At the age of 16, Gilda became pregnant and was abandoned to raise her child alone. However, this did not deter Gilda. Today, she taps into her own experience and works with Oxfam partner NAFEZA to advocate for the rights of young women in her community. Gilda lends her voice to a community radio show to raise awareness about sexual health.

Her Future Her Choice works to create an environment where young women and girls can claim their rights to sexual and reproductive health and have access to appropriate and safe services in Malawi, Zambia, Mozambique, Ethiopia and Canada.


    In 2019-2020, you helped us work toward a just and sustainable world where everyone can safely speak truth to power, claim their rights and build a better future for themselves.

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    Together, we tackled inequality and promoted women’s rights around the world.

    It is the collective power of our supporters across Canada that propels our work forward – our Board Chair and Interim Executive Director explain how.

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    Our Approach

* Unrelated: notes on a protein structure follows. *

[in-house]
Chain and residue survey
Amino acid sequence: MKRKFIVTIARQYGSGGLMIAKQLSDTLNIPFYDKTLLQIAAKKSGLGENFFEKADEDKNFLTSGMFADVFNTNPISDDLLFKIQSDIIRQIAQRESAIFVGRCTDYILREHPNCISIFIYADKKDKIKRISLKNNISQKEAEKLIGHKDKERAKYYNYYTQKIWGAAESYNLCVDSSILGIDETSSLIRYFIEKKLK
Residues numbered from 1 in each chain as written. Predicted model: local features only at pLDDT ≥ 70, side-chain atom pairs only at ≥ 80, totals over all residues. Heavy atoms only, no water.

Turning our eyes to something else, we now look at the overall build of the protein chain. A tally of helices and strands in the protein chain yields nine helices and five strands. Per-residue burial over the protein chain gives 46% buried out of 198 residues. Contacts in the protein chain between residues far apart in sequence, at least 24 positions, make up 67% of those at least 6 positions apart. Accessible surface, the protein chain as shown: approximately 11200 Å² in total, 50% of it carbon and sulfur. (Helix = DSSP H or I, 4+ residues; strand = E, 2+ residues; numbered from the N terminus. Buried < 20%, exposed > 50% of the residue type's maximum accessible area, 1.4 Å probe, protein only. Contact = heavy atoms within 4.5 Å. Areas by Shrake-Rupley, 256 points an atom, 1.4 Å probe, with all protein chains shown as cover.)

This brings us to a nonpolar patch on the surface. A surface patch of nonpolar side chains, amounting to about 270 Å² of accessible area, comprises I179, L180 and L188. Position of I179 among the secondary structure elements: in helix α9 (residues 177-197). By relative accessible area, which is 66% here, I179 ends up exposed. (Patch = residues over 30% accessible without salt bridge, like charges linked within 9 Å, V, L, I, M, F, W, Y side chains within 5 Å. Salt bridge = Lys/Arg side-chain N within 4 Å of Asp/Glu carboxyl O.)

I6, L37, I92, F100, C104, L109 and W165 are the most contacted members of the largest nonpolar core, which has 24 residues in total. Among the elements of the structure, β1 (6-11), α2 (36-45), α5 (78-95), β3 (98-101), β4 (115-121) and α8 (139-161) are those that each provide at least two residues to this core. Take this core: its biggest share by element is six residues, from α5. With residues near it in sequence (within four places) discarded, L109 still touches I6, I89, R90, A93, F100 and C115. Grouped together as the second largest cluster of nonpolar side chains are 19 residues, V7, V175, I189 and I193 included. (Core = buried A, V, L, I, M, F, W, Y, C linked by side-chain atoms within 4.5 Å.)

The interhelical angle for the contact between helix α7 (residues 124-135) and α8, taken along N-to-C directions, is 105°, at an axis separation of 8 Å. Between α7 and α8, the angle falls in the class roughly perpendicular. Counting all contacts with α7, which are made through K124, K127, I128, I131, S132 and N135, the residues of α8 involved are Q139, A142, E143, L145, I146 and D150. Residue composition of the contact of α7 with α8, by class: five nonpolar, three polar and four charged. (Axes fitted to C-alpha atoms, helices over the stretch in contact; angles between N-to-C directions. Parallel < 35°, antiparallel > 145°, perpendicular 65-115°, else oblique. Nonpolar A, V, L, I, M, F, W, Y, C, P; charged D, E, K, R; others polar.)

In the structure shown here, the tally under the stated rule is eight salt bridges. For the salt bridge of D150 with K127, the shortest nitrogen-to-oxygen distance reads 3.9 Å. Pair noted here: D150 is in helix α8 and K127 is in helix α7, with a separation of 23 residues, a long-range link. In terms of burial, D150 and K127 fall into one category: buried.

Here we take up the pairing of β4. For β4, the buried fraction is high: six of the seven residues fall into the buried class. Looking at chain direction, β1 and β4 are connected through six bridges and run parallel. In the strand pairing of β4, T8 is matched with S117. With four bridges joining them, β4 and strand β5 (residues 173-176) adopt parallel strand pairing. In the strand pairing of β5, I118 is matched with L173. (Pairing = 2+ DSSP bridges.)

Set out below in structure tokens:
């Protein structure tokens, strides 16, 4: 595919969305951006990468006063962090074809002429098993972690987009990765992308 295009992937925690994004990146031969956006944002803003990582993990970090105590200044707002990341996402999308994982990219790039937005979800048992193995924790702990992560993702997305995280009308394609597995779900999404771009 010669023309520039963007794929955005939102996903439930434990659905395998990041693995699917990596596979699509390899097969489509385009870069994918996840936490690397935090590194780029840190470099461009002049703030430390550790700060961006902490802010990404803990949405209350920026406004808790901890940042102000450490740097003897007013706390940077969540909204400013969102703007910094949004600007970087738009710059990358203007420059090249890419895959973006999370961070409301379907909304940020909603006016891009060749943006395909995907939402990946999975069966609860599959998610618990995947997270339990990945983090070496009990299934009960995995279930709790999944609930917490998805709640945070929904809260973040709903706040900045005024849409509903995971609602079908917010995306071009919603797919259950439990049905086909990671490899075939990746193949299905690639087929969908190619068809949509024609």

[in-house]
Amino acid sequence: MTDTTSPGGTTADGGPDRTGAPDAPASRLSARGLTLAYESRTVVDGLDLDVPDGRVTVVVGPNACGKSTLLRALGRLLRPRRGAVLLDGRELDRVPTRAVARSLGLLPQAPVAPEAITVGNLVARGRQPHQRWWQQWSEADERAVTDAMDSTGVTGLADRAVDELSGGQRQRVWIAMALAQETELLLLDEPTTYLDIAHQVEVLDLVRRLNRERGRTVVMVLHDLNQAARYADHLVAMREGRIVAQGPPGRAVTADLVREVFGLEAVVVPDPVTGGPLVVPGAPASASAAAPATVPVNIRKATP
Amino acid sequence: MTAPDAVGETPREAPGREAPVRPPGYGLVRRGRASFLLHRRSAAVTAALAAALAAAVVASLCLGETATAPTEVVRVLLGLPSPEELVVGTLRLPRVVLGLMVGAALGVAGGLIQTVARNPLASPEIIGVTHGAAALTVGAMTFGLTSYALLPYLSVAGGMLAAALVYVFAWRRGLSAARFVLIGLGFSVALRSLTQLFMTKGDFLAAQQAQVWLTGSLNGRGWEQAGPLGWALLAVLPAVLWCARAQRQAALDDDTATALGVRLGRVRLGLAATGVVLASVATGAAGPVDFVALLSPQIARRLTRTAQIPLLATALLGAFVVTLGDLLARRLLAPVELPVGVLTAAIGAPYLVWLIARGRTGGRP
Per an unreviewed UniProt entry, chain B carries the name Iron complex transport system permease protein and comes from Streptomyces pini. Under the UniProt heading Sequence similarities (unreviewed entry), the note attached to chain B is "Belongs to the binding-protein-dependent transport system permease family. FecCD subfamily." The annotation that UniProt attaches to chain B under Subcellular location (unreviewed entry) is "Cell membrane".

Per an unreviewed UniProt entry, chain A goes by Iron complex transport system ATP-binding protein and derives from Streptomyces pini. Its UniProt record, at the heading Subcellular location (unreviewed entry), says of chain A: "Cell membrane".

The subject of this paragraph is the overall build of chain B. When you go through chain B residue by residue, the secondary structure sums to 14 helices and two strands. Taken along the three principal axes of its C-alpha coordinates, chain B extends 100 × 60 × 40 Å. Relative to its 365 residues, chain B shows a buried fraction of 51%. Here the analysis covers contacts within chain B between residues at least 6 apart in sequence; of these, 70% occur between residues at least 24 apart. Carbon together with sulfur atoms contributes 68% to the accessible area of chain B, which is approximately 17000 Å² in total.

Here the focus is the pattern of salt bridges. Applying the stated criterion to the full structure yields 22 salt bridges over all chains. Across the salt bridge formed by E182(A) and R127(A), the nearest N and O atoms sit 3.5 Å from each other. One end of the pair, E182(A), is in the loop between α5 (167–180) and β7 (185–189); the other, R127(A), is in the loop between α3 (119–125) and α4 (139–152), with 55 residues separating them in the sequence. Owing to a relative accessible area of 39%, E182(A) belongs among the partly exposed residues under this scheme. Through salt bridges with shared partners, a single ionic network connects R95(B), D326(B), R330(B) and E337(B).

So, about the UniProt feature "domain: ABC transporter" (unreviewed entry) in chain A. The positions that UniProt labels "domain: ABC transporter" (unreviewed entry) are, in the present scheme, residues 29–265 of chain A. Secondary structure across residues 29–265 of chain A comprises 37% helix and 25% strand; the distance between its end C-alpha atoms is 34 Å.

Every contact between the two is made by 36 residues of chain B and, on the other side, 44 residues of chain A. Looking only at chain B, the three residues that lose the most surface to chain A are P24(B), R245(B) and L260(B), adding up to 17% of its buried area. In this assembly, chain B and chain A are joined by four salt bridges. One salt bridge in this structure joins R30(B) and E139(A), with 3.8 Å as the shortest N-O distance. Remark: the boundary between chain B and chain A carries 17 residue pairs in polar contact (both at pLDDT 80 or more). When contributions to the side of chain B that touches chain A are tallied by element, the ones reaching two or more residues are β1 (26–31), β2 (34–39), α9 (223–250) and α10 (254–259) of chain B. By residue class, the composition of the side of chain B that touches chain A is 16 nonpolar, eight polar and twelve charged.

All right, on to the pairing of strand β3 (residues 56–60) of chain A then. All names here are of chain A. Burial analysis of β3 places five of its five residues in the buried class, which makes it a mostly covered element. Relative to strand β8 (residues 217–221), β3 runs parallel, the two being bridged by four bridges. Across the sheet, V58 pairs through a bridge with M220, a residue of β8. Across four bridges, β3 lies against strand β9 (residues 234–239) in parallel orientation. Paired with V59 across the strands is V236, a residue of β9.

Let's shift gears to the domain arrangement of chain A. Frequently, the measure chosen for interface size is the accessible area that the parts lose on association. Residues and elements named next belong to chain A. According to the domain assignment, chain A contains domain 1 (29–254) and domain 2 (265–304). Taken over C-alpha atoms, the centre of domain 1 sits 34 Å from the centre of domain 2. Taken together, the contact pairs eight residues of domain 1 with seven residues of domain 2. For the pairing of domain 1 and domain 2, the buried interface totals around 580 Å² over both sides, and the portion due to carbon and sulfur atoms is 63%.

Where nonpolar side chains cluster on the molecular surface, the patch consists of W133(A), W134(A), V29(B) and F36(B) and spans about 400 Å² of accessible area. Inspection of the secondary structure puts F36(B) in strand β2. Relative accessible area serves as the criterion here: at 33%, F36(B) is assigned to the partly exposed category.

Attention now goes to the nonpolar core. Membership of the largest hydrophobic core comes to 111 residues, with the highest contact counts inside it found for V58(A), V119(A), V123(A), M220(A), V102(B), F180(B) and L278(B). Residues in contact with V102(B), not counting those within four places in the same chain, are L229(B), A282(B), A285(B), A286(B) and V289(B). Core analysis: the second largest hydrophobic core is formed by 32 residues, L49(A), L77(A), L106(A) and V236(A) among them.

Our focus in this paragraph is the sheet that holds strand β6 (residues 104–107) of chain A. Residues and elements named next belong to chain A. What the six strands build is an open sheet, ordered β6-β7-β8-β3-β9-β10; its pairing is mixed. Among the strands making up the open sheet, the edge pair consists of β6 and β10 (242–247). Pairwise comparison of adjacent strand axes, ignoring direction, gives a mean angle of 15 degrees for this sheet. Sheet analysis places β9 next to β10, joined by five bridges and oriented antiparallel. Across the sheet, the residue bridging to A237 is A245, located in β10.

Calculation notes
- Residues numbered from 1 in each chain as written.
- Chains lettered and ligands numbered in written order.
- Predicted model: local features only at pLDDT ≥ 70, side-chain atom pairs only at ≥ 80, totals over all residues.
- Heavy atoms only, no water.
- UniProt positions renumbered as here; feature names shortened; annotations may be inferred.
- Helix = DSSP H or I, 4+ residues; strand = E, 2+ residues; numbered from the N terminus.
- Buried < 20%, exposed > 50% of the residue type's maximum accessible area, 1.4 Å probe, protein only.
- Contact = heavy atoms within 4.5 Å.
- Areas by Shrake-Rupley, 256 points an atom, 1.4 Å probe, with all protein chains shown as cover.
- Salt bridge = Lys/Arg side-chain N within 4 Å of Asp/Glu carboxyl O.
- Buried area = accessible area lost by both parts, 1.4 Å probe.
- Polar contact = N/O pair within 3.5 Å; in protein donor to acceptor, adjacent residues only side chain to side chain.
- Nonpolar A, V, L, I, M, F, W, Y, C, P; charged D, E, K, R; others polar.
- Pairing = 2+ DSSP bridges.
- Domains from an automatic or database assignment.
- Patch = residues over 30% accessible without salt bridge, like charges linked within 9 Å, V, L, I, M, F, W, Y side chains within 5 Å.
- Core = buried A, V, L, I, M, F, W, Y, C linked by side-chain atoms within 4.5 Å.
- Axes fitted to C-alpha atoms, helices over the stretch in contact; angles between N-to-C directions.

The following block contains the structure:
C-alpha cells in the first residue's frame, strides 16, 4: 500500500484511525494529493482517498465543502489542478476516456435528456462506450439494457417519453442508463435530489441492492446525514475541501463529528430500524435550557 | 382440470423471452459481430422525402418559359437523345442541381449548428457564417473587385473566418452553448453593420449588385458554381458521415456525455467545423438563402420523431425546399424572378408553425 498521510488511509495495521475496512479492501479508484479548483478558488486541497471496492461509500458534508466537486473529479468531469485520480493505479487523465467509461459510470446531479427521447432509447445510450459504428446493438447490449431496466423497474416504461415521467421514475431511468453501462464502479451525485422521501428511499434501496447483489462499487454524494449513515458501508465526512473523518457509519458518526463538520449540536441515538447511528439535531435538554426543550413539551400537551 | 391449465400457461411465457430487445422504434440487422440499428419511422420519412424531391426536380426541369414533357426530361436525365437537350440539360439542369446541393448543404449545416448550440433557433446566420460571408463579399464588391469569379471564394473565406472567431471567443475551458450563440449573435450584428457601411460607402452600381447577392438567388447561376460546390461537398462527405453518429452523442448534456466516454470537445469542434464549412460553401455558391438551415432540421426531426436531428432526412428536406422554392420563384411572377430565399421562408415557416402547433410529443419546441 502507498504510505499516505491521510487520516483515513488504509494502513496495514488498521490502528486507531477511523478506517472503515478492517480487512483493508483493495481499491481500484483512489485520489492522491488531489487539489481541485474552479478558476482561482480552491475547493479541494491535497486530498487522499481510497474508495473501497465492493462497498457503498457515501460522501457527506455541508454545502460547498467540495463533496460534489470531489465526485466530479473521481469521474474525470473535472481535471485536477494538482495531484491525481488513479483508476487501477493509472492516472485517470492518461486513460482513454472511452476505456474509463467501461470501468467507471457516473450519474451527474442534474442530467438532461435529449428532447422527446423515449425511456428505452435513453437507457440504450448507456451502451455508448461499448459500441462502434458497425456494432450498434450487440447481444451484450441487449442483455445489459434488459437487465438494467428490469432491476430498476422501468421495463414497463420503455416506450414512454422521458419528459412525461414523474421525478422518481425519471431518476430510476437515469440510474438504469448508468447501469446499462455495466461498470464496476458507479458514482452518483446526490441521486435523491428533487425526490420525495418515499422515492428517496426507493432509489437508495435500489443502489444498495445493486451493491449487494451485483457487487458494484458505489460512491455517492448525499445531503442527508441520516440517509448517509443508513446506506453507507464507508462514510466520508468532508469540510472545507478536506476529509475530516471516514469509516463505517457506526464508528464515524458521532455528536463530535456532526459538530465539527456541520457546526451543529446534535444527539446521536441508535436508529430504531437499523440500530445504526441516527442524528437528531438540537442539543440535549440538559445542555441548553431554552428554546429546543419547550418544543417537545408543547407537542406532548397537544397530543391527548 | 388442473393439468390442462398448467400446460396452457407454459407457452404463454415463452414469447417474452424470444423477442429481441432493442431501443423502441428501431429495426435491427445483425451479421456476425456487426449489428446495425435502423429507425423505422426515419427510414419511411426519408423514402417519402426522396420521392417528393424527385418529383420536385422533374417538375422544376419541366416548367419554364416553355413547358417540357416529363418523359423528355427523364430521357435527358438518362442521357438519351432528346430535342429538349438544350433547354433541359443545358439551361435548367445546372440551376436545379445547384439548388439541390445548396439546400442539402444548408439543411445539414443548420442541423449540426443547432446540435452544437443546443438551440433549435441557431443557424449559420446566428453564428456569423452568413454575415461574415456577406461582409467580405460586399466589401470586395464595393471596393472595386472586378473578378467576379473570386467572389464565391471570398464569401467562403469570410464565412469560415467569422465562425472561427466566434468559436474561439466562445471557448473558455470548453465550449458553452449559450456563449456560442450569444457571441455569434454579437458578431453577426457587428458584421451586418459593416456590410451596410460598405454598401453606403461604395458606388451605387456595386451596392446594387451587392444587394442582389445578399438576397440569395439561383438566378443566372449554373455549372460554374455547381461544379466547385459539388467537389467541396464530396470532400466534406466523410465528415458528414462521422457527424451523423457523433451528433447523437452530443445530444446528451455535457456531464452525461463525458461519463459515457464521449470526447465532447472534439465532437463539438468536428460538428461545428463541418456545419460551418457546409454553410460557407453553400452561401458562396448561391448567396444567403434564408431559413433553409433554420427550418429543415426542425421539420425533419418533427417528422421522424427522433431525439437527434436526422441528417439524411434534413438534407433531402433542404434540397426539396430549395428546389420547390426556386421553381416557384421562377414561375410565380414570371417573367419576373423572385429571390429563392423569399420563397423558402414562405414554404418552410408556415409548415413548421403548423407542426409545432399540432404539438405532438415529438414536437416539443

Oxfam Canada is one of 20 organizations worldwide that make up Oxfam International. We work together in more than 90 countries to fight inequality and support people to claim their rights. We believe that ending global poverty begins with women's rights.

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    When disaster strikes or conflict breaks out, we provide emergency aid. Together with communities, we save and rebuild lives after disasters and support the needs of refugees around the world.

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    We support projects that help people assert their rights and build better lives for themselves and for others.

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    We work to change the laws and practices that keep people trapped in poverty and perpetuate inequality.

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    Our Guiding Principles

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    We put women's rights at the centre of everything we do. Whether we're delivering emergency aid to survivors of natural disasters or providing women the tools to escape poverty, women's rights must be emphasized if positive change is to be lasting and sustainable.